That being the case, there are 3 primary modes of transportation that are in basically every city and used by everybody daily, 1 form of transportation that is in every city but used rarely, and 2 other forms of transportation that are less common but still fairly prevalent.

The first mode of transportation is the bus (aftobus). The bus system is very intricate and will get you basically anywhere you need to go. I have never seen a bus schedule, or any other schedule for that matter, for what time the bus is going to be at the stop or anything like that. Transportation comes when it comes and it doesn't wait for anyone, literally. The biggest thing I dislike about the bus is that it is only so big. However, don't think that stops people from trying to cram in like sardines. At the busy times of day, you should be prepared to get real close to your lovely smelling neighbors, who if you're lucky have showered within the past couple of days and don't wreak of some form of alcohol (more on that to come). The bus however will get you where you need to go in a decent amount of time and was the form of transportation that we most commonly used as missionaries.

Anya getting on the bus.

Inside the aftobus.

Next up is the trolleybus. This isn't the bus and you will get corrected quickly if you call it the bus. It's the “trolley”bus because it runs on electricity which comes through the overhead connection it has, just like a trolley. The trolleybus is extremely slow and mainly older folks use it to get to their destinations. The trolleybus is slow because it can't go to fast or it will get disconnected from the overhead connection. If you want to take a nap, then the trolleybus might be the way to go (I have already ridden on the trolleybus once since we've been here).

The trolleybus - you can see the connection above the bus.

The last form of transportation that is in every city is the gazelle. No, these aren't little gazelles running around the city that people sit on, but vans, usually yellow, that sit from 8-14 people. Obviously, this mode of transportation is much quicker than the first two, but with so few places, often you will have to wait for awhile to get a spot and the cost is higher. However, if you want to get somewhere in about half the time, then a gazelle is the way to go. Be ready to tell the driver when you want to stop though because unlike the buses, the gazelle only stops when needed and not at every stop.

A picture of a very nice clean gazelle.

Inside the gazelle.

Me inside the gazelle.

Next up is the most expensive way, and that is by taxi. There are plenty of taxi drivers around, but be prepared to pay a good price. If you are super late though, a taxi driver is the way to go as they usually know the fastest way, and they will get you there quickly (more to come). You can usually just stick your hand out to flag down a passing by driver or actually call and order a taxi. You can get a great deal if you catch the right driver who is passing by.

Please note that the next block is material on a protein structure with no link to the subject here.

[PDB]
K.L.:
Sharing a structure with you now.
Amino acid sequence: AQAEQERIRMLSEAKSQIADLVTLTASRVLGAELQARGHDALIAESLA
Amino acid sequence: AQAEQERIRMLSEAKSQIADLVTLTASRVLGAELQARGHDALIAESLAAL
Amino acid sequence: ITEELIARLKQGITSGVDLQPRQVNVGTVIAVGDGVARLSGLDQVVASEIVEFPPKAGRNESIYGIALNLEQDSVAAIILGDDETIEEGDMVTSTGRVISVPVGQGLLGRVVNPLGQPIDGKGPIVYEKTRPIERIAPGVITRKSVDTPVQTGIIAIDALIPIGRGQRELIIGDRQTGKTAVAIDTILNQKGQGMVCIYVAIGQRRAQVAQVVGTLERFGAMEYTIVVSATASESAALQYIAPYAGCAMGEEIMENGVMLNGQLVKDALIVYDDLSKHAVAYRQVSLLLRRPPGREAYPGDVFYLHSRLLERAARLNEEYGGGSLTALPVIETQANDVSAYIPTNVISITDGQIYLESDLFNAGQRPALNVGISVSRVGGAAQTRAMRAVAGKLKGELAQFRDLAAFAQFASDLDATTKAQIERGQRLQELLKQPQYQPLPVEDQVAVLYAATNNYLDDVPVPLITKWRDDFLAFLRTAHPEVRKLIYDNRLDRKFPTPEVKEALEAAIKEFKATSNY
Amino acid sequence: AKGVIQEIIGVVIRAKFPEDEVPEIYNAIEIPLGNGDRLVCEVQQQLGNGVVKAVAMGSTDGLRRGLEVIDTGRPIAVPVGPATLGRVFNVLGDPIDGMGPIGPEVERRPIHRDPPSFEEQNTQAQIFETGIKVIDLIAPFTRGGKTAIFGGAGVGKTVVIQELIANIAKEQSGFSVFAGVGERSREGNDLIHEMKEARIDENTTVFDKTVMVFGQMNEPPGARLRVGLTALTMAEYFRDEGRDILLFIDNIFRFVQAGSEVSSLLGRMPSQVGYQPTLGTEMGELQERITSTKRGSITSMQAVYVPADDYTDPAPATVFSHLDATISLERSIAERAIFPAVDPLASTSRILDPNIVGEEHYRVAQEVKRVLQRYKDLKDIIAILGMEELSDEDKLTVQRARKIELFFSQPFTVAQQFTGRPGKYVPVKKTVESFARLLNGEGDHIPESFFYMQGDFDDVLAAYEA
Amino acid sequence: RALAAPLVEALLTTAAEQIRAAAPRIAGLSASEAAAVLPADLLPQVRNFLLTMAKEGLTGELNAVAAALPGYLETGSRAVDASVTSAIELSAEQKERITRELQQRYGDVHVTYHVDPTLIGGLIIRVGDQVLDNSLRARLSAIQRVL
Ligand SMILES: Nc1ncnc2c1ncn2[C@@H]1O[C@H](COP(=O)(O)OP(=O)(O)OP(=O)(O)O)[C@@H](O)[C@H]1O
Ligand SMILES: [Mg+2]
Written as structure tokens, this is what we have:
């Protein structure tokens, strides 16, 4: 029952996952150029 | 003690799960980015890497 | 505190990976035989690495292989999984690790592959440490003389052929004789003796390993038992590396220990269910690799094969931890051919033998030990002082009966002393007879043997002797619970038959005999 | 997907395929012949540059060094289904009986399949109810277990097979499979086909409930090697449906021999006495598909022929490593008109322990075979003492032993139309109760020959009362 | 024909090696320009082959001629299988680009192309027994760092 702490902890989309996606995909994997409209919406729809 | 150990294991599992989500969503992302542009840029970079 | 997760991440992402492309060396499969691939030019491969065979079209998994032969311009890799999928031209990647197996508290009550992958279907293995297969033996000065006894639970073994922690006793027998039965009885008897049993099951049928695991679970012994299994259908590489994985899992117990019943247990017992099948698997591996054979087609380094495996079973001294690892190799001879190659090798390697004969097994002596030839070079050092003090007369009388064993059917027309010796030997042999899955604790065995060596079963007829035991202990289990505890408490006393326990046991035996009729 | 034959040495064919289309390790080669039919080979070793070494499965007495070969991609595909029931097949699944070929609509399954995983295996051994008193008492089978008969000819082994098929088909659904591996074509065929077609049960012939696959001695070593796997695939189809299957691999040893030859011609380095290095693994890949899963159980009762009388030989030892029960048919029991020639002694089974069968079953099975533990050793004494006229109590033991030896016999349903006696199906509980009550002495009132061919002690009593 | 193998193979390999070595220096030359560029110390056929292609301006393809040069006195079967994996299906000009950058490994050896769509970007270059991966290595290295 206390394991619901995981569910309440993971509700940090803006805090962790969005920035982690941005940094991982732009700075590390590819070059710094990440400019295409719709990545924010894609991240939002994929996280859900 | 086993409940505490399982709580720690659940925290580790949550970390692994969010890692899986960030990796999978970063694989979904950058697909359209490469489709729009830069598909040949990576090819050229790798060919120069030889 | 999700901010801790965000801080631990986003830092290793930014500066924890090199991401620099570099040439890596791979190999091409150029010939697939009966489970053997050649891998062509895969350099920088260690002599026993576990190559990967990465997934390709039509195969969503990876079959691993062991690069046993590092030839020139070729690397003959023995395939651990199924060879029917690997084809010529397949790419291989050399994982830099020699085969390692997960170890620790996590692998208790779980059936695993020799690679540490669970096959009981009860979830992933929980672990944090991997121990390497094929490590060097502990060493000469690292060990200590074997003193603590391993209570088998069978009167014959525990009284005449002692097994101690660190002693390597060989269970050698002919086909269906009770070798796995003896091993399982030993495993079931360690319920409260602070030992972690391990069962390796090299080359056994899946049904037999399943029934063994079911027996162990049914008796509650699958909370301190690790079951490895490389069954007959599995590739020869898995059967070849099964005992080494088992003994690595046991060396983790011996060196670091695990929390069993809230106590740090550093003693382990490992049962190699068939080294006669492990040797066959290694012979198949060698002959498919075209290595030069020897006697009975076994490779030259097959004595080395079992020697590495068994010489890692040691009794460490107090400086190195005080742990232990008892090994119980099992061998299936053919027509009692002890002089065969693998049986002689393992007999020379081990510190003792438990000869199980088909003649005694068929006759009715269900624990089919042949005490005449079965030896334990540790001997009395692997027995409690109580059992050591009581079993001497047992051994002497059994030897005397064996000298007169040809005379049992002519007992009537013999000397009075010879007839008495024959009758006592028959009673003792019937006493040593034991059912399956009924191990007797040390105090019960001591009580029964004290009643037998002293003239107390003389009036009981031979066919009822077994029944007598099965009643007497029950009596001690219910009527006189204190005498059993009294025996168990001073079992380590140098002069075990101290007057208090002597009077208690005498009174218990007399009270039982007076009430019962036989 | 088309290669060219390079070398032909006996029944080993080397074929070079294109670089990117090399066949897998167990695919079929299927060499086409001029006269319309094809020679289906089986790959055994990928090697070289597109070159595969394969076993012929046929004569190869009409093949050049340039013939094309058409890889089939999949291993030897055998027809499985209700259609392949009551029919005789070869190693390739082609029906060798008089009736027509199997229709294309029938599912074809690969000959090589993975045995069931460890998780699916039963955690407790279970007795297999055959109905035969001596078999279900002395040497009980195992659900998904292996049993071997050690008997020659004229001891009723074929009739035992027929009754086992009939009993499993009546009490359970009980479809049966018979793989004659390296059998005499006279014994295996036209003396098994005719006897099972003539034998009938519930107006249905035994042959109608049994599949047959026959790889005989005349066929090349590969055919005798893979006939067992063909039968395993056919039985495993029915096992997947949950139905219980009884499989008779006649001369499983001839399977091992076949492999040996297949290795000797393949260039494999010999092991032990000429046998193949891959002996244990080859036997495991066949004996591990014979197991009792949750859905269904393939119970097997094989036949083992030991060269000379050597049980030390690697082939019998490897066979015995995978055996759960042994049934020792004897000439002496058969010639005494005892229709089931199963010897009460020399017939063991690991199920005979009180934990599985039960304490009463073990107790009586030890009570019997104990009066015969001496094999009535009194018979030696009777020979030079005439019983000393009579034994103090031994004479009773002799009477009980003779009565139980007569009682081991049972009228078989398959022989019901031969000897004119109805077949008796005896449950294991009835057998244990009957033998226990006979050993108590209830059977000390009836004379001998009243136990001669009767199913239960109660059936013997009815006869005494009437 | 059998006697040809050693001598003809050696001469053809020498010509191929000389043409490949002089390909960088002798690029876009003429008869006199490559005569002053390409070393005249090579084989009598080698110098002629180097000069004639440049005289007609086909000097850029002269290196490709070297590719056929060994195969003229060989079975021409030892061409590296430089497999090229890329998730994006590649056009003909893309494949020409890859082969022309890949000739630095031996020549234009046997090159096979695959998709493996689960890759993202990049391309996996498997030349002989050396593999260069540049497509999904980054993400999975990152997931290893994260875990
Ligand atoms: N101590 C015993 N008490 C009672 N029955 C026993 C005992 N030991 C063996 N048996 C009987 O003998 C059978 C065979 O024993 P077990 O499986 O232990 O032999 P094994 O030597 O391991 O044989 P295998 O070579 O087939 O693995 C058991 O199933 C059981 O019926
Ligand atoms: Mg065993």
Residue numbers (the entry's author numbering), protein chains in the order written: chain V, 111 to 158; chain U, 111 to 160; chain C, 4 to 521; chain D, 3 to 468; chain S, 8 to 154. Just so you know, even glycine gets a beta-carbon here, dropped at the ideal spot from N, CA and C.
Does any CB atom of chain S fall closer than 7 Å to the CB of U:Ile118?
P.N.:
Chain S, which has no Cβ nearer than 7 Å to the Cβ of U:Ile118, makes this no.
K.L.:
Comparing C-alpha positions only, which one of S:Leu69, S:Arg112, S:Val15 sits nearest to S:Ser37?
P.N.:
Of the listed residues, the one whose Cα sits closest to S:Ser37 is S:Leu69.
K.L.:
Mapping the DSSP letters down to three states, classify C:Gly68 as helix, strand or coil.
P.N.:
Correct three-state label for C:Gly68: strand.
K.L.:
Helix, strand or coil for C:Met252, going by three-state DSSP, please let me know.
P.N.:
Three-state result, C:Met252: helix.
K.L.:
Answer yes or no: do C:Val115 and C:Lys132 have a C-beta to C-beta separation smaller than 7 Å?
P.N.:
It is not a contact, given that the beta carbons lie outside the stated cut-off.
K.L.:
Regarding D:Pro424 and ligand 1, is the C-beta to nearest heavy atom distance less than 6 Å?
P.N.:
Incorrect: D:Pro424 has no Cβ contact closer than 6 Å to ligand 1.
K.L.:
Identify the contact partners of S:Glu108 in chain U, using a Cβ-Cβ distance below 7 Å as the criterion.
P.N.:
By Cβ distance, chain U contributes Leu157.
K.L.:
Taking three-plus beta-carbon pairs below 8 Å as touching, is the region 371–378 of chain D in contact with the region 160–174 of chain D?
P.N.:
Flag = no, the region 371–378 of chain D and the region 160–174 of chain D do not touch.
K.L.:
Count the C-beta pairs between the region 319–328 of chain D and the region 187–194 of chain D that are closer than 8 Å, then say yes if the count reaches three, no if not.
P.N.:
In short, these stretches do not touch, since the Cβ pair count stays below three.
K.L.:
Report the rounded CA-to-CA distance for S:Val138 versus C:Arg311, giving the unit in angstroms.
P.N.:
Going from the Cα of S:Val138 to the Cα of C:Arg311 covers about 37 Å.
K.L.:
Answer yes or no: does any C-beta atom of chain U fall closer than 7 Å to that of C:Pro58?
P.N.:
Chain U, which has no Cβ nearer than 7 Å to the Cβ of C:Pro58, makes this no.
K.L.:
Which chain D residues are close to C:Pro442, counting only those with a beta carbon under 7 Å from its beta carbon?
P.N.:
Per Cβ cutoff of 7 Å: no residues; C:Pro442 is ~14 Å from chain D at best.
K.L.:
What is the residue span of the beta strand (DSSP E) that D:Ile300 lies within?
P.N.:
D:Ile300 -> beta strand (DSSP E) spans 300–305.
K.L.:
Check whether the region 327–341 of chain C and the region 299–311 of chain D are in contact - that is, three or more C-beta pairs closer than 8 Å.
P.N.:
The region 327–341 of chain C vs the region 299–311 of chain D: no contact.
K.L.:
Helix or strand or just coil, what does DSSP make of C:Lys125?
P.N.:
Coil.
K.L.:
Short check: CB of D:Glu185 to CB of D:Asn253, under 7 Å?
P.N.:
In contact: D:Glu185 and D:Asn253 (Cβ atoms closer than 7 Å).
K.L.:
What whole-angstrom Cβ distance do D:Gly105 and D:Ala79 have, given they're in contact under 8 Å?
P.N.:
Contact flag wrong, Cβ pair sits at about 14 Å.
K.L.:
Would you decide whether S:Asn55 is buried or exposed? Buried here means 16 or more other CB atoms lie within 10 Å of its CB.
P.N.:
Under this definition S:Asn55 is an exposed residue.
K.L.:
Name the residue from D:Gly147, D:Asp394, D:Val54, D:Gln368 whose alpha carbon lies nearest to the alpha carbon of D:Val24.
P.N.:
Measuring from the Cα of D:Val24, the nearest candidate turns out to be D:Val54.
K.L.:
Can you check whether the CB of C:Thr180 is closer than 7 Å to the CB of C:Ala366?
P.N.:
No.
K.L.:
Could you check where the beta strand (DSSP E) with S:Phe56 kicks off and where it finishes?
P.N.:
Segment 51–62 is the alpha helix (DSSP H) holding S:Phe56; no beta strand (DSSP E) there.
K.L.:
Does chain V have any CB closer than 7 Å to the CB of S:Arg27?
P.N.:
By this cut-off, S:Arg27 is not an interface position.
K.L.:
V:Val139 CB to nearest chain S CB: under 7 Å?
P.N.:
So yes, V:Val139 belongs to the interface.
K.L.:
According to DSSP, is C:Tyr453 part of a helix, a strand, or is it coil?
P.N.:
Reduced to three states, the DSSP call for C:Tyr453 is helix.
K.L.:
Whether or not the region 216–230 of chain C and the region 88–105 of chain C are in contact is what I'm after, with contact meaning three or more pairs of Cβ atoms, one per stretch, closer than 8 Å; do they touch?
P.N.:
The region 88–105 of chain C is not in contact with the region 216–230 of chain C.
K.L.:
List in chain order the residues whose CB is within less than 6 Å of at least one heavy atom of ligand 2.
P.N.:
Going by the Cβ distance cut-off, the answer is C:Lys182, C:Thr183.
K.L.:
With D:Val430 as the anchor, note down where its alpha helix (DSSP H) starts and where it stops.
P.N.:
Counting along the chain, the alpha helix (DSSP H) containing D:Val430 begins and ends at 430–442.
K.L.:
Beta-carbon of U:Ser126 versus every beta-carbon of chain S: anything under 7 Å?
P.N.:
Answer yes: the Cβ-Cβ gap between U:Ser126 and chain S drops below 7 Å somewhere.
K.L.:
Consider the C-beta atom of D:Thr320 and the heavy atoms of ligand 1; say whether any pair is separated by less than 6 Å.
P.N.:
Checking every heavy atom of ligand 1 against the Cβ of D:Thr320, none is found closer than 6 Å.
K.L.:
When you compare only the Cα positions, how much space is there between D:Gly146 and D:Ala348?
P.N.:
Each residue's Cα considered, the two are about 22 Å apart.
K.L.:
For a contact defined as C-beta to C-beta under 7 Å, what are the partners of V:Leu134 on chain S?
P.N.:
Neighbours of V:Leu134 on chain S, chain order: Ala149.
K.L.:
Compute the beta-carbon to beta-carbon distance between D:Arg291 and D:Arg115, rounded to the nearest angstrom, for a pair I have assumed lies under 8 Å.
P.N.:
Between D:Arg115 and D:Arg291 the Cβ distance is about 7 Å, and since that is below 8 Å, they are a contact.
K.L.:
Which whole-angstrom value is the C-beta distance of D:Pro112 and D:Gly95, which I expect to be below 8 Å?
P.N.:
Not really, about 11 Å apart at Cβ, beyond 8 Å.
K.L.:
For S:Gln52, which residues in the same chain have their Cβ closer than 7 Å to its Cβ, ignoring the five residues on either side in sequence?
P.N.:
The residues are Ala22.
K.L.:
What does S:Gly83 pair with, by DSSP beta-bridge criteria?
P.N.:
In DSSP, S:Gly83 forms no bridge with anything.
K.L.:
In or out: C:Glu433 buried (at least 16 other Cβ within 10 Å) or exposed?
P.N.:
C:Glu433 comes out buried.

Next up, the two forms of transportation that are not in every city, but still common. First up is the tramvai. This is another form of a train and if you live in salt lake, you can think of it as the 30 year old version of TRAX. It runs throughout the city and gets you where you need to go, but once again is pretty slow so make sure you've planned your time ahead.

A typical tramvai in Russia.

Finally, one of the coolest modes of transportation is the metro. The most intricate metro is found in Moscow and is has the smartest layout that I have ever seen. The metro has several levels in it and you can get pretty deep down into the earth at some of the stops. Other cities in Russia have a metro as well, but they are nowhere near as complex as the Moscow Metro. The Metro is one of the quickest ways to travel as the trains fly and there is no traffic to worry about. It still takes about 1 hour to get from one end of the Moscow metro to the other, which goes a long way in showing how big Moscow is.

A metro stop in Moscow.

The Moscow Metro map.


| Tuesday, May 26, 2009
I have had so many Russian experiences in 3 days. It has been great. Russian life is so different. My first post about Russian life and culture is about the primary mode of travel from city to city in Russia, the train.

There are train stations in every major city and in almost every other little town (деревня) throughout Russia. Trains primary purpose in Russia are to get people from one place to another, unlike in the United States where the primary purpose is to move goods from one place to another. The most famous train is the Tran-Siberian which travels 6 days from one side of Russia to the other, however I have never actually ridden on this train.

The train station is always a busy place and you can think of it like the airport in America, because literally that is what it is. The train station in Moscow is a melting pot of nationalities, dominated by Russians of course. It is the starting and ending point for many people. We got there a few minutes early and I had time to snap a few pictures.

The train station (vokzal).

Conductor checking tickets and passports.

In order to get on the train you must show your passport and ticket upon which you go to find your spot on the train. Each spot is a bed, with two beds to a wall (one on top and one on bottom). Most people prefer the bottom bed because the top spot gets unbearably hot at night usually.